Many of the people on the email subscription list know this, but when I listen to Cardinals podcasts, I often get thoughts and ideas. Sometimes that means the host gets an email or a private message on Twitter, which if they are smart they ignore as the rantings of a crazy person.
To that end, I was listening to the beginning of the latest Conversations with Cerutti, where Ben was chatting with Dan Buffa. He noted that, for all the anxiety about this offense right now, it was averaging over five runs a game and that, if it continued throughout the year, would be the highest average since 2004. Now, it’s not likely it’s going to stay at that level, of course, but then again, as crazy as things are, who knows.
There are obviously different ways to get to the same sort of average, though. Over a ten-game span, a team can average four runs by scoring four runs in each game, five runs in eight games and zero in the other two, or going 10-2-8-3-0-5-4-9-4-5. The last is going to feel like riding with a teenager just figuring out the accelerator and brake.
We prize consistency, of course. We’d rather that five runs a night rather than things being scattershot. Are we seeing more erratic results so far this year than others?
I’m not really the person to tell you, but I did some very rough calculations that I’ll share with you for you to draw your own conclusions. I took data from 2012 forward for this. I wanted to go back farther but it got a little time consuming and, honestly, you start getting into a different era when you see Pujols and company in the box score. So, first off, let’s look at how runs through 16 games stack up.
Year, Runs 2016, 92 2019, 85 2013, 85 2021, 83 2012, 82 2018, 74 2014, 67 2015, 63 2020, 62 2017, 53
So it looks like 2021 isn’t really much out of the normal. In fact, it’s slightly above average for our sample. 2017 was really rough, though it got better, and 2020 you can sort of toss out given that half of that sample was played after the COVID breakout and had a few seven-inning doubleheaders in there as well.
So far so good, I guess. The offense doesn’t seem to be bad, at least in general. However, we know that they’ve gotten a lot of those runs in just a few games. They scored 12 last night, for instance, and that was the third time in less than a week that they’d hit nine or higher. Are they more variable than others?
I took the average of all runs scored for these years, then checked to see how often they scored plus or minus three runs or more from that average. Now, this isn’t perfect at all—for 2012-2020 I used the season average instead of what the season average was after 16 games. Probably should have done that to have apples to apples, but this is really not that scientific so go with me here. Three runs seemed to be a good range, but I’d listen to arguments it should have been broader.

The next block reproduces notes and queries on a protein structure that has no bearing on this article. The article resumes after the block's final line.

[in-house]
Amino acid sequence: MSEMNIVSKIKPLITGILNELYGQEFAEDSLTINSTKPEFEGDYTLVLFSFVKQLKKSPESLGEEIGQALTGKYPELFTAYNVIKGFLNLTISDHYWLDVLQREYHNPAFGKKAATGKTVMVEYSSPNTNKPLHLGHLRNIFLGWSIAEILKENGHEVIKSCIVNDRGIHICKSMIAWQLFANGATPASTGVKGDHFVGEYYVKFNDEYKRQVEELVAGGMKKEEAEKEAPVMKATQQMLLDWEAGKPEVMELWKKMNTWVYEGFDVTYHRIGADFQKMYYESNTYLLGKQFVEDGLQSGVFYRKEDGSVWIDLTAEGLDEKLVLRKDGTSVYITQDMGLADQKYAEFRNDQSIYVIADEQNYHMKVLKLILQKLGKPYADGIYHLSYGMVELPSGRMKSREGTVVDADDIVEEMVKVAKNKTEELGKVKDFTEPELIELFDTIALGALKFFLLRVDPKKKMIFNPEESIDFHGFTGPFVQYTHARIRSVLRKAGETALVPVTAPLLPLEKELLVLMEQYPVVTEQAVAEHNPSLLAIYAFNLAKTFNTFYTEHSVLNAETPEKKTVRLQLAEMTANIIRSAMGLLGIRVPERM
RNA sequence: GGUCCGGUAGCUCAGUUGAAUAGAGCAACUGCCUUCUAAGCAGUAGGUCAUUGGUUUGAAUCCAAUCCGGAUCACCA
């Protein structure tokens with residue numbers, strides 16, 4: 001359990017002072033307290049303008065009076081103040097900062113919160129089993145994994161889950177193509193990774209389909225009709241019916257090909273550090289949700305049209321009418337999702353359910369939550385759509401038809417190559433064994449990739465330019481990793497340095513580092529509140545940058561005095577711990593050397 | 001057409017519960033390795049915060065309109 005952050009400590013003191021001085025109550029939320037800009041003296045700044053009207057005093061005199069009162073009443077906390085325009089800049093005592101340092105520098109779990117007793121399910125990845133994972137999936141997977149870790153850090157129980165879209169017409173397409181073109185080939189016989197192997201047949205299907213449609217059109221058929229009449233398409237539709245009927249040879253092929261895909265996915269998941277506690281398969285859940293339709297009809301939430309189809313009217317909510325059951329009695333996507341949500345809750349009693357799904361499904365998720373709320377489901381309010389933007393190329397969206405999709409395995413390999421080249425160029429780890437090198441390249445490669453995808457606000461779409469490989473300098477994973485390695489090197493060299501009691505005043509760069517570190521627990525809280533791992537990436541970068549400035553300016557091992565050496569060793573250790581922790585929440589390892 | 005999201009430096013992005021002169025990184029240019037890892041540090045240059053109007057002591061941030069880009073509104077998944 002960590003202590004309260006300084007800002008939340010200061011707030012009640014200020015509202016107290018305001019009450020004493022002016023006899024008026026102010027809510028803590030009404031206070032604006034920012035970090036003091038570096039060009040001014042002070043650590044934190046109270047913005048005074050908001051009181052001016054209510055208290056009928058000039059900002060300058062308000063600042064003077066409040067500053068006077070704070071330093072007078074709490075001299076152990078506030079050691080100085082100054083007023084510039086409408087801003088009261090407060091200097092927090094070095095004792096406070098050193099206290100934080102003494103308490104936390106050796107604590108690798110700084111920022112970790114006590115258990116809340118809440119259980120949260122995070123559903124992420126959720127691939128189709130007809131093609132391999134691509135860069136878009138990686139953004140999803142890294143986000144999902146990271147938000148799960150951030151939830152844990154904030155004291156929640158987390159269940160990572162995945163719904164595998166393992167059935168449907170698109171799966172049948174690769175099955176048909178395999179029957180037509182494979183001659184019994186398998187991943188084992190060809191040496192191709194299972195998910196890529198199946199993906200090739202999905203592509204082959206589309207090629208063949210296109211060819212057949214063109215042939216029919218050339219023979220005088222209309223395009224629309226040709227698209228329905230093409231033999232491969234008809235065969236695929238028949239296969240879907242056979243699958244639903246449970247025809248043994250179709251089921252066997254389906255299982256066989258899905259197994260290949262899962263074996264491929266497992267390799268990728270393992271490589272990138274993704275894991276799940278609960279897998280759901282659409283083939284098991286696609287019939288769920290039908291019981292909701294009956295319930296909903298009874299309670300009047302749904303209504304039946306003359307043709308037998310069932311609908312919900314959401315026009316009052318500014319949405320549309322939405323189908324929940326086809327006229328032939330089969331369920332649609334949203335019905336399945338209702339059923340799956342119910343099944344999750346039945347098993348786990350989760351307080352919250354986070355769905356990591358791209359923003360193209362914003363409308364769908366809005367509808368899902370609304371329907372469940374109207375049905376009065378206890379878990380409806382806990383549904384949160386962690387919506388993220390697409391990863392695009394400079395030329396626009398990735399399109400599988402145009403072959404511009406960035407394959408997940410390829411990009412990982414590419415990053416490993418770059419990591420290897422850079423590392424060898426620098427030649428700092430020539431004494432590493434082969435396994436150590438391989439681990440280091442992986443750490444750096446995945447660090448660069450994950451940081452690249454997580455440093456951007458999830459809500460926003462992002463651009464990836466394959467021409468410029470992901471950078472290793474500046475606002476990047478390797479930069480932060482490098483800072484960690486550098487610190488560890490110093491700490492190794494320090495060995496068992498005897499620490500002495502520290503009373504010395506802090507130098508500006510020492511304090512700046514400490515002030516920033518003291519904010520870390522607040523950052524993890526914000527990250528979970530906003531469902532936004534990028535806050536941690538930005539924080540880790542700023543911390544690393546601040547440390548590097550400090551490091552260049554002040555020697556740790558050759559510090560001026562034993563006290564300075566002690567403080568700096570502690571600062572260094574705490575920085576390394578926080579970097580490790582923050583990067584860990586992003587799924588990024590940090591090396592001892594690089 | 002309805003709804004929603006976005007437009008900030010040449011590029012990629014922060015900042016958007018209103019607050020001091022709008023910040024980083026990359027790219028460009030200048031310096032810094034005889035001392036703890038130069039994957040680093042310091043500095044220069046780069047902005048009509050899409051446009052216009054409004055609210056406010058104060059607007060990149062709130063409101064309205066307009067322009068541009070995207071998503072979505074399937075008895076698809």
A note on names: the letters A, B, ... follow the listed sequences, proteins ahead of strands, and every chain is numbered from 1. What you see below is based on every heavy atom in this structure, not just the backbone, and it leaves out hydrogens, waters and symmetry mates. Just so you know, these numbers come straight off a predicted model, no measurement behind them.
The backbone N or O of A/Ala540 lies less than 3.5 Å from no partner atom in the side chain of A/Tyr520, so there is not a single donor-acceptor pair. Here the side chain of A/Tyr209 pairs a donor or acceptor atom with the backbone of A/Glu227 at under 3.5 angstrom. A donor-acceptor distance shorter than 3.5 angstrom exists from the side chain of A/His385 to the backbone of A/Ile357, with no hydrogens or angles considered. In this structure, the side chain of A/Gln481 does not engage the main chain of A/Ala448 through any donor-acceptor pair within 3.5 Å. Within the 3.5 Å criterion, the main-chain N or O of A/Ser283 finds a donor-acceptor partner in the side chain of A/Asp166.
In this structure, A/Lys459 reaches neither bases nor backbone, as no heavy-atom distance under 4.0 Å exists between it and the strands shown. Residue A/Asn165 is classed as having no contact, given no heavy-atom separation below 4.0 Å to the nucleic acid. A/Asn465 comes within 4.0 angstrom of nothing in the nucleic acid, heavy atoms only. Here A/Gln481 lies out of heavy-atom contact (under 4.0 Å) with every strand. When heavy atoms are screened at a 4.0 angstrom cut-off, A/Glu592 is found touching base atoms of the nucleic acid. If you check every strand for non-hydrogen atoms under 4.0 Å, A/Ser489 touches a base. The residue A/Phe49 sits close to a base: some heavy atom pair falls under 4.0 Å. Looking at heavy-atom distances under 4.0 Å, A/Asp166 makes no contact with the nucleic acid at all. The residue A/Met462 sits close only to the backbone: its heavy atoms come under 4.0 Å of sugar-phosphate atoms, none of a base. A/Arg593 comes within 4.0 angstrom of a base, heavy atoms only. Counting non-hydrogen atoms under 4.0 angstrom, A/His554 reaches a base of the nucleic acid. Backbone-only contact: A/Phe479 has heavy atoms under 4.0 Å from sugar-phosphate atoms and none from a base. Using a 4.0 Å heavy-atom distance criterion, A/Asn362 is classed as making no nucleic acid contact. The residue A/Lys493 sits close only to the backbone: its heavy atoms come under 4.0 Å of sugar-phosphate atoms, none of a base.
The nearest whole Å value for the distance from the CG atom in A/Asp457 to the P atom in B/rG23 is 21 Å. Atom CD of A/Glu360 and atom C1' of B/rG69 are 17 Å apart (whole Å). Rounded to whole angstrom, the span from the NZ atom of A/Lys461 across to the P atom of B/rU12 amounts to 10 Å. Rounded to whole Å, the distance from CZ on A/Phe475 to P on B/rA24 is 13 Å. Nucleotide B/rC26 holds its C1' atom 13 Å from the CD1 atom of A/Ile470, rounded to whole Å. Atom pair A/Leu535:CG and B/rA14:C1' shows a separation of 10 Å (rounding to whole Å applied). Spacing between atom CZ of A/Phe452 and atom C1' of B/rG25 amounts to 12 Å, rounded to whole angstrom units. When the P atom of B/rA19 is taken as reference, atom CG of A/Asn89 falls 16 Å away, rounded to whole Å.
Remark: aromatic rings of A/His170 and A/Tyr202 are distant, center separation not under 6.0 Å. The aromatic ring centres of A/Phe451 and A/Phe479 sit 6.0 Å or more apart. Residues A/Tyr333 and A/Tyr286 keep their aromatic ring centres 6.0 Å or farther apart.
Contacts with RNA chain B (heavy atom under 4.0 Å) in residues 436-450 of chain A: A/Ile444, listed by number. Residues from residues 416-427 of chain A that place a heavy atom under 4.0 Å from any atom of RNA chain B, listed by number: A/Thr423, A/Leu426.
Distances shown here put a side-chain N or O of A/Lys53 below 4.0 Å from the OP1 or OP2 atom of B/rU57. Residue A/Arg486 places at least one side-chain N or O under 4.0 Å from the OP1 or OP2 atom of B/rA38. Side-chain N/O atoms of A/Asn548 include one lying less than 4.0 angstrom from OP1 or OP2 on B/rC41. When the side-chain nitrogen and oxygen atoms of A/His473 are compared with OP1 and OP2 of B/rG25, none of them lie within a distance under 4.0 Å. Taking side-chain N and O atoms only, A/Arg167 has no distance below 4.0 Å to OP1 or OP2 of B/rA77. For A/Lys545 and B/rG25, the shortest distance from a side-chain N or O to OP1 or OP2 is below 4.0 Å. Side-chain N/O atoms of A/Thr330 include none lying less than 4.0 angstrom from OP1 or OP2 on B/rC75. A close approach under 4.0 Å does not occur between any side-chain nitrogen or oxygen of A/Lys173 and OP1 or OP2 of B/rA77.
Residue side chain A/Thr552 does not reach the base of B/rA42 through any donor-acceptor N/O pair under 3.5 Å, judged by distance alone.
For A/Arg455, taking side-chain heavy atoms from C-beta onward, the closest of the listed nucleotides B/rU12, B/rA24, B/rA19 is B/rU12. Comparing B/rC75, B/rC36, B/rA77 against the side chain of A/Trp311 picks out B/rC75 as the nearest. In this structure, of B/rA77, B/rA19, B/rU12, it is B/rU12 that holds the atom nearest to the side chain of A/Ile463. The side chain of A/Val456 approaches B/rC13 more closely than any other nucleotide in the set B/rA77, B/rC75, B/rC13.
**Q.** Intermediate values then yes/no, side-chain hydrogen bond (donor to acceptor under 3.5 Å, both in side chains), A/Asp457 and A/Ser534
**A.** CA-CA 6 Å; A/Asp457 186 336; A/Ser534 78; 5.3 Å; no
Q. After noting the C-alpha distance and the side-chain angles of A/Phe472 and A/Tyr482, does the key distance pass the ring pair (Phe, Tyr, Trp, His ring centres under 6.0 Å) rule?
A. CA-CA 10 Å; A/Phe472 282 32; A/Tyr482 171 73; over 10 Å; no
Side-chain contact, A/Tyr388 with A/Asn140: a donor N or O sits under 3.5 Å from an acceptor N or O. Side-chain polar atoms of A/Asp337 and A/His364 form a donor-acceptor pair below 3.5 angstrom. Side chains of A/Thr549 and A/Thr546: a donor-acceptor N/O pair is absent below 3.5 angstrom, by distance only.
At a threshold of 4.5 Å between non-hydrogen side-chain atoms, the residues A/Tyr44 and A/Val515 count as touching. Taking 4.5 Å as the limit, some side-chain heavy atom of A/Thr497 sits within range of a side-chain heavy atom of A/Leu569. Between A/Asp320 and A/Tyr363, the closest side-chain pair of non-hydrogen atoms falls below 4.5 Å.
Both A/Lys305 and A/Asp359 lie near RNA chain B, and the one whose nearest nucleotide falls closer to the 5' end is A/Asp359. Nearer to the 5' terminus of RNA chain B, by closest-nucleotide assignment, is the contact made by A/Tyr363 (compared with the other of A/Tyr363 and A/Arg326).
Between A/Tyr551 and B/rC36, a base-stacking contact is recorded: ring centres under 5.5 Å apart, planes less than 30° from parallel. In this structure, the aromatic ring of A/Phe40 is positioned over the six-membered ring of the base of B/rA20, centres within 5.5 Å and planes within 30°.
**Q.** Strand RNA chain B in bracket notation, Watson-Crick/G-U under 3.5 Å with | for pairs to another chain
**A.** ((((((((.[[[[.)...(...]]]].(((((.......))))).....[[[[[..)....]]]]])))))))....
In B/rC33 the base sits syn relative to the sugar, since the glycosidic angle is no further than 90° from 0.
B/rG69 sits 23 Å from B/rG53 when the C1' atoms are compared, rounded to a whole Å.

Anyway, here’s what we see.
Year, Games +/-3 2016, 10 2021, 9 2013, 7 2012, 6 2014, 6 2017, 4 2018, 4 2020, 4 2015, 3 2019, 3
So yes, according to this back-of-the-envelope math, we’ve seen them diverge from average more than any other team besides 2016. You’ll note above that 2016 was also the year they scored more runs than any other in their first 16 games, for what it’s worth.
I also did how many of these games the other seasons had all year to see if there’s any connection. The answer is….not really. 2016 had the most overall, but it was tied with 2014, which is in the middle of the list. 2019 brought up the rear in the early sample but wound up tied with 2012 for third.
To go back to the title of this piece, it seems like if the Cardinals bust out one day (like last night) they go quiet the next (and, sometimes, vice versa). So I looked for swings of five runs one way or another between games for this sample.
Year, +5, -5, Total 2013, 5, 5, 10 2012, 5, 3, 8 2014, 3, 4, 7 2021, 3, 4, 7 2016, 3, 2, 5 2019, 2, 2, 4 2020, 2, 2, 4 2017, 2, 1, 3 2018, 2, 1, 3 2015, 1, 0, 1
Looking at this, it does seem like the Cards are more “feast or famine” than they have been in a long time. The stretch from 2020 (which, granted, had fewer options) to 2015 saw just 20 such games total. You have to get back to the 2012-2014 teams to find these.
(It doesn’t quite keep to this when you look at the full season. Like others, it’s a mixed result. 2013 did have the most such games at 58, but 2019 wound up having 57. Those two stand out from a group that is pretty close together, though 2015 had 30, lower than any but last year.)
So what have we learned from this, other than I have too much time on my hands? Maybe not a lot, though I encourage anyone that actually knows statistical work to mess round with it. To me, it looks like the 2021 Cardinals are a little more streaky, a little more boom and bust, than what we’ve seen in the last few years. It’s something to track going forward to see if it settles down or they are much more erratic than any team in the past decade.